Effect of gravitational stratification on the propagation of a CME⋆
School of Mathematics and Statistics, University of St Andrews,
St Andrews, KY16 9SS, UK
2 Dept. of Mathematics, Centre for Mathematical Plasma Astrophysics, KU Leuven, Celestijnenlaan 200B, 3001 Leuven, Belgium
Accepted: 23 September 2013
Context. Coronal mass ejections (CMEs) are the most violent phenomenon found on the Sun. One model that explains their occurrence is the flux rope ejection model. A magnetic flux rope is ejected from the solar corona and reaches the interplanetary space where it interacts with the pre-existing magnetic fields and plasma. Both gravity and the stratification of the corona affect the early evolution of the flux rope.
Aims. Our aim is to study the role of gravitational stratification on the propagation of CMEs. In particular, we assess how it influences the speed and shape of CMEs and under what conditions the flux rope ejection becomes a CME or when it is quenched.
Methods. We ran a set of MHD simulations that adopt an eruptive initial magnetic configuration that has already been shown to be suitable for a flux rope ejection. We varied the temperature of the backgroud corona and the intensity of the initial magnetic field to tune the gravitational stratification and the amount of ejected magnetic flux. We used an automatic technique to track the expansion and the propagation of the magnetic flux rope in the MHD simulations. From the analysis of the parameter space, we evaluate the role of gravitational stratification on the CME speed and expansion.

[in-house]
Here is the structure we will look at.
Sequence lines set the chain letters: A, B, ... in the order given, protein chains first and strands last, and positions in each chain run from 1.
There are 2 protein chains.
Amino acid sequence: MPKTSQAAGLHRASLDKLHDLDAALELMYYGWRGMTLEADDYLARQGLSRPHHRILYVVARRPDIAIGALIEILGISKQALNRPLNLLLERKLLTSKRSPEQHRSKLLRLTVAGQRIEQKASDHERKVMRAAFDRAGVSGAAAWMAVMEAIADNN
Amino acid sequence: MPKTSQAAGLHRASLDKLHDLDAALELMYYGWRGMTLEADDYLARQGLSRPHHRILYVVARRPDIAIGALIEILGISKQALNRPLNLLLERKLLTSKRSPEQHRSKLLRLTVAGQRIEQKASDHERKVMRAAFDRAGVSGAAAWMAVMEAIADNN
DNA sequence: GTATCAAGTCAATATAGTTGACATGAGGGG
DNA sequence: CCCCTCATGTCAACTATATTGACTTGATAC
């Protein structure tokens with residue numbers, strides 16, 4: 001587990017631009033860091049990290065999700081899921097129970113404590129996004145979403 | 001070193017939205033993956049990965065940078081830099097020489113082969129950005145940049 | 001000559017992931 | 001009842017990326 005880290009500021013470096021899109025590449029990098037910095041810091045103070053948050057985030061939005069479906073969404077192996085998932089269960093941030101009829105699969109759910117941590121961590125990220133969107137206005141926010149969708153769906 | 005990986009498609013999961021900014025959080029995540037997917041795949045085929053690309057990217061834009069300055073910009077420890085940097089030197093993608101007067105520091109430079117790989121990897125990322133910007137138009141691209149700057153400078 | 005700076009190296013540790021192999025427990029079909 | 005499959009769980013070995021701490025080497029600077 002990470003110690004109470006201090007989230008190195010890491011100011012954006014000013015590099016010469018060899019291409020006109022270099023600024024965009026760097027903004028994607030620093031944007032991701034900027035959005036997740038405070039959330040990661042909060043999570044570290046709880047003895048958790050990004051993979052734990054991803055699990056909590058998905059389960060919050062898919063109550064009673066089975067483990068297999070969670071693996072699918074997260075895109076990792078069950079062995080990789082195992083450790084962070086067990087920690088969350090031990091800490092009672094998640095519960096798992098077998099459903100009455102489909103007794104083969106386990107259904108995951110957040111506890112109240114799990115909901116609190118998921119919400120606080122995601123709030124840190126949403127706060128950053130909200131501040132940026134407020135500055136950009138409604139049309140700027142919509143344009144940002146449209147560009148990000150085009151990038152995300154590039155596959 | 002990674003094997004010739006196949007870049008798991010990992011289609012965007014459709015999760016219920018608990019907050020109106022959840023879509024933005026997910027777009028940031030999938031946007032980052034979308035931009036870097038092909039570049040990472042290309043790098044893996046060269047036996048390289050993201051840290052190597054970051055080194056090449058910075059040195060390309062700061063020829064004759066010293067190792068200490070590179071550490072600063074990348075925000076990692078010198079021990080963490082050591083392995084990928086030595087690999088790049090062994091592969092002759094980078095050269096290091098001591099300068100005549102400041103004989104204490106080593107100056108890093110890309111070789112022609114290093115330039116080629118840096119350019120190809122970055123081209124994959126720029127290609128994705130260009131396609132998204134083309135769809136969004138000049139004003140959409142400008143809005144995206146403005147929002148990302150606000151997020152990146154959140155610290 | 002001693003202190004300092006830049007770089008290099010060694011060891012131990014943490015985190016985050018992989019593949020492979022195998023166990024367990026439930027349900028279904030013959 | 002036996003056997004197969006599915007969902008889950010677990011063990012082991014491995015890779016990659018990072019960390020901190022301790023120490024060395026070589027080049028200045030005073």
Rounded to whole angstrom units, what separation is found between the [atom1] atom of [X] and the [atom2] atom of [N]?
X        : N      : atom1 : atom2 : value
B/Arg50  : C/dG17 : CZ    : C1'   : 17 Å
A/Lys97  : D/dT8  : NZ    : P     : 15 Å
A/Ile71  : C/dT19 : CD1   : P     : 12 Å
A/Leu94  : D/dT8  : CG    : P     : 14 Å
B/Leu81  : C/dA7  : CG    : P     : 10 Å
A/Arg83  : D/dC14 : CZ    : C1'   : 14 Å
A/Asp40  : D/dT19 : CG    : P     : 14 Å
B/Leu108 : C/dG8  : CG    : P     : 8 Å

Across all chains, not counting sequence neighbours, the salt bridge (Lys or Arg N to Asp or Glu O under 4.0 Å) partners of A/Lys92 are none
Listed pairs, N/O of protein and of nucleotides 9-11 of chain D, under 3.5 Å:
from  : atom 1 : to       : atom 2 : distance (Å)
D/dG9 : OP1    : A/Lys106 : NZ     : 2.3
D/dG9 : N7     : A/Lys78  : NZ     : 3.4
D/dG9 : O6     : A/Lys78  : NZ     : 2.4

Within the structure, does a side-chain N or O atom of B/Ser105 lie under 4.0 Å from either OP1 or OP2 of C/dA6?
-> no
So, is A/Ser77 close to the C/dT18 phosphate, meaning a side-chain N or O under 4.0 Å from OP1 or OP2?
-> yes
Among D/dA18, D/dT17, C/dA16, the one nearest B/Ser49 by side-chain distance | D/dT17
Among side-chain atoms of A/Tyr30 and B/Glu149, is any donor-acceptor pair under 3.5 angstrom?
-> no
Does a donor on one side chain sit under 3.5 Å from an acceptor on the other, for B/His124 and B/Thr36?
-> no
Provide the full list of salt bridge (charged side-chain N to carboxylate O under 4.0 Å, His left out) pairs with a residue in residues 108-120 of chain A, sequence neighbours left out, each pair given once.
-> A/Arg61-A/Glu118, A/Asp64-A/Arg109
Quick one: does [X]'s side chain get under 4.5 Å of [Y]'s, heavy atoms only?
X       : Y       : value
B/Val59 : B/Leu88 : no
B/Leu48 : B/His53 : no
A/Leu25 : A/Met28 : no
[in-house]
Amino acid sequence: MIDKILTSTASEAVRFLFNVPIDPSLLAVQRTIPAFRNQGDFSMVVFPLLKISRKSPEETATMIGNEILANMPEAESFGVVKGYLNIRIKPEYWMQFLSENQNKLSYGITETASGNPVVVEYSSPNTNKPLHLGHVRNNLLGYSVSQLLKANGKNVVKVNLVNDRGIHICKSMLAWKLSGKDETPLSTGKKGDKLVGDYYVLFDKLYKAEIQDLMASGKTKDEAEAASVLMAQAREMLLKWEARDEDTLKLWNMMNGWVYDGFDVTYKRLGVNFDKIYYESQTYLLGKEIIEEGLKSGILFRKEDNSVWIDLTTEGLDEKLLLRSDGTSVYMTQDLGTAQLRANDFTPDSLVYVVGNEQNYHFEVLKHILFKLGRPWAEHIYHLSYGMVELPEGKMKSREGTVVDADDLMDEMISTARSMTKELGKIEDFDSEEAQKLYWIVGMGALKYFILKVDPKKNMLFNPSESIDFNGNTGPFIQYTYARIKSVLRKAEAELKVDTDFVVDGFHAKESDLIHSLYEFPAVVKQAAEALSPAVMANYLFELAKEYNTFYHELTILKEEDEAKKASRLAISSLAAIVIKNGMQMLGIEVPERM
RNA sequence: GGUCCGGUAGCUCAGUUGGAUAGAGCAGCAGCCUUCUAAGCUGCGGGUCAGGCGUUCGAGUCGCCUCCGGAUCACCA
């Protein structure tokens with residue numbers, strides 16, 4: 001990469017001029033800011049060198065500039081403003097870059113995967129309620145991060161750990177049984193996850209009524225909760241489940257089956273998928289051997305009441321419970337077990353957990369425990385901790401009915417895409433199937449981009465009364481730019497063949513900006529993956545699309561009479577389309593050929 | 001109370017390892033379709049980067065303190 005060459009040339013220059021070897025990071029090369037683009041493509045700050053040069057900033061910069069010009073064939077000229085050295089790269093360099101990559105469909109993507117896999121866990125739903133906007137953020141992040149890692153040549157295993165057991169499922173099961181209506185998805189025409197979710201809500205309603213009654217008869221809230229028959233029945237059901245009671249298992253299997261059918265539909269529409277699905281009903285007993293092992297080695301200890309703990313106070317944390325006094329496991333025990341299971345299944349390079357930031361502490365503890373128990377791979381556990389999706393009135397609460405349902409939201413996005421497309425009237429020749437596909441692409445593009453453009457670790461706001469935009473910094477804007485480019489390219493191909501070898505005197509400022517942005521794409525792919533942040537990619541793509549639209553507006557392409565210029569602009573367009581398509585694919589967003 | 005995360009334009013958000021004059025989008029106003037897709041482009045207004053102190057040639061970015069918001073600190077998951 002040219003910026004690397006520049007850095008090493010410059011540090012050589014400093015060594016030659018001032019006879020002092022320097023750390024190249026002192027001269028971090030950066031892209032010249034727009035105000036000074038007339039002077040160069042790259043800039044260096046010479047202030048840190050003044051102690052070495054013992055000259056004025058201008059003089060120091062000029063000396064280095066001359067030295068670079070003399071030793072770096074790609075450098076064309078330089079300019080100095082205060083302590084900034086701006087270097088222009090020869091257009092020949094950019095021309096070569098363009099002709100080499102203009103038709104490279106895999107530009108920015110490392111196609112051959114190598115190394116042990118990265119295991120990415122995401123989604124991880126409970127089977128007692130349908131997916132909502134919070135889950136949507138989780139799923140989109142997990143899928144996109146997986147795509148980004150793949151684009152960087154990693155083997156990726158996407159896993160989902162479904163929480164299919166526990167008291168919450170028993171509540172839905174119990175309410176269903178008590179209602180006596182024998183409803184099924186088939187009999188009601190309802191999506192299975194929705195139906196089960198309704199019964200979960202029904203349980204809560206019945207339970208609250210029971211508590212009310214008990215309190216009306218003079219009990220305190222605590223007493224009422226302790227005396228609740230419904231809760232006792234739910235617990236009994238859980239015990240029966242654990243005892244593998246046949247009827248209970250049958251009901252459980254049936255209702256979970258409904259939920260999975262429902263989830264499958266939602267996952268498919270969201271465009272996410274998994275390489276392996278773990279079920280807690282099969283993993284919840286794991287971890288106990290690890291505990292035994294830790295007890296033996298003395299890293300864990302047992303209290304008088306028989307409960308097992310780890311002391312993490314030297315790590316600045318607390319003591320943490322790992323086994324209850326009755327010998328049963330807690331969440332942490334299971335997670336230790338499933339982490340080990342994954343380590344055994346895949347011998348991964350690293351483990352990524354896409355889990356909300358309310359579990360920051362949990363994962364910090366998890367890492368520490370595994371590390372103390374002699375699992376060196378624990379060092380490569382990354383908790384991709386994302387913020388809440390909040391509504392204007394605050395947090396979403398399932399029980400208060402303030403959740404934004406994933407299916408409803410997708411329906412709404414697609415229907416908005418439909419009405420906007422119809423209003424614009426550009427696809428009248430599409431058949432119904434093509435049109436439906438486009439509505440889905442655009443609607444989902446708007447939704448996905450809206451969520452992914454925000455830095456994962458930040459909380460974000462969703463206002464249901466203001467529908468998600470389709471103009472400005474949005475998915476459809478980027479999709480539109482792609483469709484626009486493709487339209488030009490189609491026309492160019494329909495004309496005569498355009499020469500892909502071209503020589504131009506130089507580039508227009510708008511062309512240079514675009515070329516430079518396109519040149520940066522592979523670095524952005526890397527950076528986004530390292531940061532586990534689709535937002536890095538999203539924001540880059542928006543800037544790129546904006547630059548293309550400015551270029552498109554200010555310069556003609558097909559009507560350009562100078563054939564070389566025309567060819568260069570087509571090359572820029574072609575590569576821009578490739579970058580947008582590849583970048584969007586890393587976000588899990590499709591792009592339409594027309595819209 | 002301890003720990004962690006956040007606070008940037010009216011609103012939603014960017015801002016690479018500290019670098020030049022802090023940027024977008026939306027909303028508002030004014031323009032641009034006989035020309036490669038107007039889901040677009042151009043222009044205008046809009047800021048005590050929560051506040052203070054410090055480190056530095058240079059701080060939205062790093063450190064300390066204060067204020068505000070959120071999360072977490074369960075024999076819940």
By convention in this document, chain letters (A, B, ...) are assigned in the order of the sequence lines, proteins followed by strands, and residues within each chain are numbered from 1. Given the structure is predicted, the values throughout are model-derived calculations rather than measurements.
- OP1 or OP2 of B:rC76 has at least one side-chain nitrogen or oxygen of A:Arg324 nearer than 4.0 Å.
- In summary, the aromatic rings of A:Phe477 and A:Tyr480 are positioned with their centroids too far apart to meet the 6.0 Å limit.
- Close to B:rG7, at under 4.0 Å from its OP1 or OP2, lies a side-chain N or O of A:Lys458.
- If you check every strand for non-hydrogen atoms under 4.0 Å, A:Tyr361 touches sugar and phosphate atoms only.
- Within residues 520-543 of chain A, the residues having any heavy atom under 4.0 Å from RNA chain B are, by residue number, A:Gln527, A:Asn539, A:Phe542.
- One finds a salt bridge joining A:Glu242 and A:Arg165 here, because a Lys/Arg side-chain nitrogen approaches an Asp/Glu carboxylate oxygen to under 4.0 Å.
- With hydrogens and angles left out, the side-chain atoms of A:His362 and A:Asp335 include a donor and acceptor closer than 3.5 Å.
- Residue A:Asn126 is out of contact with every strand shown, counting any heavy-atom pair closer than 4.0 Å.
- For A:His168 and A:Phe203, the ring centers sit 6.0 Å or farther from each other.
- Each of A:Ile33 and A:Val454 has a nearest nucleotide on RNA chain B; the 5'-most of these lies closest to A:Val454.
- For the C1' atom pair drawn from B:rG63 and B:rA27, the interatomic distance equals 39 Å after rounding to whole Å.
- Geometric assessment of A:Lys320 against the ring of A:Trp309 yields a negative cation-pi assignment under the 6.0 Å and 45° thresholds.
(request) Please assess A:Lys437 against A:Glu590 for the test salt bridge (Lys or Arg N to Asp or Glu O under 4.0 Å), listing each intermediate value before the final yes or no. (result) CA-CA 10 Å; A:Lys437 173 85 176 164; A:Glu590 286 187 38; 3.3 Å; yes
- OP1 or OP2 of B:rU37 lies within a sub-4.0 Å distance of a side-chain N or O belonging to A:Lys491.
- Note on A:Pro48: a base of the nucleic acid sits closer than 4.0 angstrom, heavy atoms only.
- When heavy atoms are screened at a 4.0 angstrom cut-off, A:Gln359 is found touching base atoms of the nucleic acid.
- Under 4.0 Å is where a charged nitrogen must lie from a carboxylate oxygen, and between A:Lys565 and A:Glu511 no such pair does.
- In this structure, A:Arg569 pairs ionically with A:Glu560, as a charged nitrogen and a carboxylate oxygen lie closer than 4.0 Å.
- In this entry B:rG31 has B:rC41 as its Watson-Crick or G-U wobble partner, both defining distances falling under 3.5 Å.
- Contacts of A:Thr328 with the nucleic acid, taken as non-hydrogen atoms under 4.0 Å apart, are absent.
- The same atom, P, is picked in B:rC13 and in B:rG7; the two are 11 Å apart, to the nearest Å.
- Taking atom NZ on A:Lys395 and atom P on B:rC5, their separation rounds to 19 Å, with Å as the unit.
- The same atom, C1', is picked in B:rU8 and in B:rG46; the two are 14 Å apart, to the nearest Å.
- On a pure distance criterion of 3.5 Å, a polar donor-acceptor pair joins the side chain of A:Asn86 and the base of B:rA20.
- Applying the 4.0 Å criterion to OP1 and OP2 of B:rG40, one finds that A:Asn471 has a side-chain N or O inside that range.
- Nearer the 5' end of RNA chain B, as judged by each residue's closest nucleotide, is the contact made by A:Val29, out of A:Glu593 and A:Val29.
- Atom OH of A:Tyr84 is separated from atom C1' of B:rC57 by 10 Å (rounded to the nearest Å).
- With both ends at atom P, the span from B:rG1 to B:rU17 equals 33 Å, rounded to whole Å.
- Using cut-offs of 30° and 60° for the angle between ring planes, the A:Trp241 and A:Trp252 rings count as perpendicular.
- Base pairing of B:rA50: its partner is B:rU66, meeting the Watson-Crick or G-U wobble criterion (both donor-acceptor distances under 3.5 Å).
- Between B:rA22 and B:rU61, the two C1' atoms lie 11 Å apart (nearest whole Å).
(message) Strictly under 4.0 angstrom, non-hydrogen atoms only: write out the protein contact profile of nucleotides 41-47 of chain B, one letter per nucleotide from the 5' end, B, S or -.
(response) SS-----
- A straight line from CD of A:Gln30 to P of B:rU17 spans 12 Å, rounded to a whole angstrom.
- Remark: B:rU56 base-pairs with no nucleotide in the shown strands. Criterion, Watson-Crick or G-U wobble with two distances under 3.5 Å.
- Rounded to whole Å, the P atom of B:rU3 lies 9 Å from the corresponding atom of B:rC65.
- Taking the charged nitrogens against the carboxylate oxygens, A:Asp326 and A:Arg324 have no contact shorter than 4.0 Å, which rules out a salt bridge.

Results. Our study shows that gravitational stratification plays a significant role in determining whether the flux rope ejection will turn into a full CME or whether the magnetic flux rope will stop in the corona. The CME speed is affected by the background corona where it travels faster when the corona is colder and when the initial magnetic field is more intense. The fastest CME we reproduce in our parameter space travels at ~850 km s-1. Moreover, the background gravitational stratification plays a role in the side expansion of the CME, and we find that when the background temperature is higher, the resulting shape of the CME is flattened more.
Conclusions. Our study shows that although the initiation mechanisms of the CME are purely magnetic, the background coronal plasma plays a key role in the CME propagation, and full MHD models should be applied when one focuses especially on the production of a CME from a flux rope ejection.
Key words: Sun: coronal mass ejections (CMEs) / Sun: corona / magnetohydrodynamics (MHD)
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© ESO, 2013